The student-run community news site of Vermont State University - Johnson

Basement Medicine

The student-run community news site of Vermont State University - Johnson

Basement Medicine

The student-run community news site of Vermont State University - Johnson

Basement Medicine

A Sanders Spring Surprise

Gunter Kleist
McClelland Hall is the subject of speculation regarding federal funds to convert a Johnson campus building to housing for older Vermonters.

On Monday, March 18, Bernie Sanders’ office announced that the senator had secured more than $42.5 million in federal funding to support 36 Vermont projects that address critical needs across the state. One of the recipients included as part of this “Congressionally Directed Spending (CDS)” package was the Lamoille Housing Partnership (LHP), which, according to Sanders’ press release, is to receive $550,000 “to convert a building on the Vermont State University campus in Johnson into 20-plus units of affordable senior housing and an onsite health clinic.”

This announcement, while potentially promising to the Johnson area, did at first catch a number of campus and community members by surprise. Questions understandably arose about when the project was first conceived and which campus building was involved, as well as when the conversion is slated to take place.

When asked about all this, VTSU’s Interim President David Bergh said that it was his understanding that there were discussions back in 2020-21, well before he got here, about a potential partnership with LHP. However, he was not aware of any recent conversations regarding the project. He does feel, though, that it is “an exciting possibility, as we continue to pursue Johnson campus facilities repurposing opportunities.”

Bergh said that his two main interests in coming back here to assume the leadership of VTSU relate to, one, the transformational impact our academic communities have on our state’s students and, two, the importance of our campuses as economic and cultural hubs in their respective regions.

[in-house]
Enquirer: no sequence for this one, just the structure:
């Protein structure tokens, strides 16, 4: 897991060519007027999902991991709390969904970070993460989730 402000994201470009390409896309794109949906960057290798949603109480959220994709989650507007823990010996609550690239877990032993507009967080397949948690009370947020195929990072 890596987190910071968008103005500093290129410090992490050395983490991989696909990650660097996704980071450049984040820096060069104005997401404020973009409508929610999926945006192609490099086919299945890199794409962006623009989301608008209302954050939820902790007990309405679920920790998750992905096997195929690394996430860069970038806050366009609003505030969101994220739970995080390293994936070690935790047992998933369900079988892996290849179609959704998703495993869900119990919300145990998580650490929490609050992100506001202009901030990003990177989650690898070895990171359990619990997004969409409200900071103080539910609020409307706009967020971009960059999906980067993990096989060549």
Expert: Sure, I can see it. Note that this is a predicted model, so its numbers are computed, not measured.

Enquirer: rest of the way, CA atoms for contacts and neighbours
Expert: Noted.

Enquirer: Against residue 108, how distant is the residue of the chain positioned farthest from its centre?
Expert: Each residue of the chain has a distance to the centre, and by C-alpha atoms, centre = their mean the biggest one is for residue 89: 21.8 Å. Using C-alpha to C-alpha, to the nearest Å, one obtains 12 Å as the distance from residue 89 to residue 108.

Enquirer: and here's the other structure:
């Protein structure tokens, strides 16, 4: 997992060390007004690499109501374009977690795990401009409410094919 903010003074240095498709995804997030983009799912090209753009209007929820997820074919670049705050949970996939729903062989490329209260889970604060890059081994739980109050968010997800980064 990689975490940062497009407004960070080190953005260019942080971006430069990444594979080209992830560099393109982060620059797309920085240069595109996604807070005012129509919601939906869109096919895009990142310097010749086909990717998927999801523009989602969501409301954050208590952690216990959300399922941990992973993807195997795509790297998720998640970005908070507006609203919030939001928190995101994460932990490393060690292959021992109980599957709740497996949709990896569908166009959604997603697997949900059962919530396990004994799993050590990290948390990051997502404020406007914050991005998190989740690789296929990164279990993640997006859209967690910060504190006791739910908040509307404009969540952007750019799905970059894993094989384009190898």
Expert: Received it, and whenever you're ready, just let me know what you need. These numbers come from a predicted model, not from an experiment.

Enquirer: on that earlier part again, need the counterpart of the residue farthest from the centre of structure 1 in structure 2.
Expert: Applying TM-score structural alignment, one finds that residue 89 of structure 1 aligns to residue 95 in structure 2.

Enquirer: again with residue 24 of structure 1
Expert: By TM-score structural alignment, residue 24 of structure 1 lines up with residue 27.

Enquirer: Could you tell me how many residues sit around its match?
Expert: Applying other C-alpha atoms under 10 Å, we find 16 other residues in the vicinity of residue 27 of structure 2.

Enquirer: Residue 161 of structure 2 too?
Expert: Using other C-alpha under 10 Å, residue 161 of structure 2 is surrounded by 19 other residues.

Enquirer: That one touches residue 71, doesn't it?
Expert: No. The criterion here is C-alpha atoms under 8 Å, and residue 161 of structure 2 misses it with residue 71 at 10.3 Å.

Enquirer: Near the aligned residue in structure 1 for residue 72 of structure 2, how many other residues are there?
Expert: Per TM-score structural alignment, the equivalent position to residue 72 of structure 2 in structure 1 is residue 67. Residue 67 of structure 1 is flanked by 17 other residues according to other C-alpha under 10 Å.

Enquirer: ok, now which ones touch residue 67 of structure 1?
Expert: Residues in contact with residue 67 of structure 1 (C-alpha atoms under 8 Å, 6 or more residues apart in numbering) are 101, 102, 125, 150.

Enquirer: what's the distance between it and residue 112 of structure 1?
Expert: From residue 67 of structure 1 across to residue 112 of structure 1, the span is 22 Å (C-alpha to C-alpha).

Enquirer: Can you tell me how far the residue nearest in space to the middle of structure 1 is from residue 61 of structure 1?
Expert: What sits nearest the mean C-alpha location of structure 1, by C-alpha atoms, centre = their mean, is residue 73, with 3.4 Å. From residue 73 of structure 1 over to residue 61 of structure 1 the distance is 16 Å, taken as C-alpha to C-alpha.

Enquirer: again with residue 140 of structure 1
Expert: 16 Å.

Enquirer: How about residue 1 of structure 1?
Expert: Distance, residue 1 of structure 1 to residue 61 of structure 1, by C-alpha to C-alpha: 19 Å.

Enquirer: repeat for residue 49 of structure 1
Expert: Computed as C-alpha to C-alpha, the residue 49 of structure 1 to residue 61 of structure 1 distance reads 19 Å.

“So the best ideas about how to utilize our campuses in service to both these aims is something to really be excited about.”

When asked which building the Lamoille Housing Partnership’s project related to, President Bergh was careful to say “it’s important to understand that this is LHP’s funding and project.” In other words, he didn’t know for sure which campus building was being considered; nor did he know what the funding would pay for, exactly, and he suggested that this question would be best directed to LHP.

Bergh did say, though, that he believed the 2020-21 conversations were centered around repurposing McClelland Hall, the building that used to house the Education and the Behavioral Sciences departments’ faculty offices and classrooms. He mentioned that at least one other outside entity had already used McClelland Hall in the recent past and seemed to recall that it was occupied by FEMA at one point.

Although Bergh does not consider the LHP project a done deal yet, he did say that “I would hope we could all look at it with an open mind and have good dialogue about this possible project and/or other alternative uses of spaces. We are committed to all five campuses surviving and thriving and increasing in vibrancy now that we have emerged from COVID and are working past the growing pains of becoming a new unified university. One way to do this is to repurpose spaces that we don’t need for student use, especially if they can serve community needs.”

Bergh stressed that, as of now, no purchase agreement for any Johnson campus buildings is in place, but that he would look forward to our university renewing discussions with LHP and would definitely include the campus and broader communities in the process. Furthermore, he emphasized that he would want to wrap such a discussion into VTSU’s larger dialogue on master planning and campus vibrancy. He said that this type of project (i.e., LHP’s) could make sense, but it’s important to him that “our first interest is our student body, which is our primary constituency.”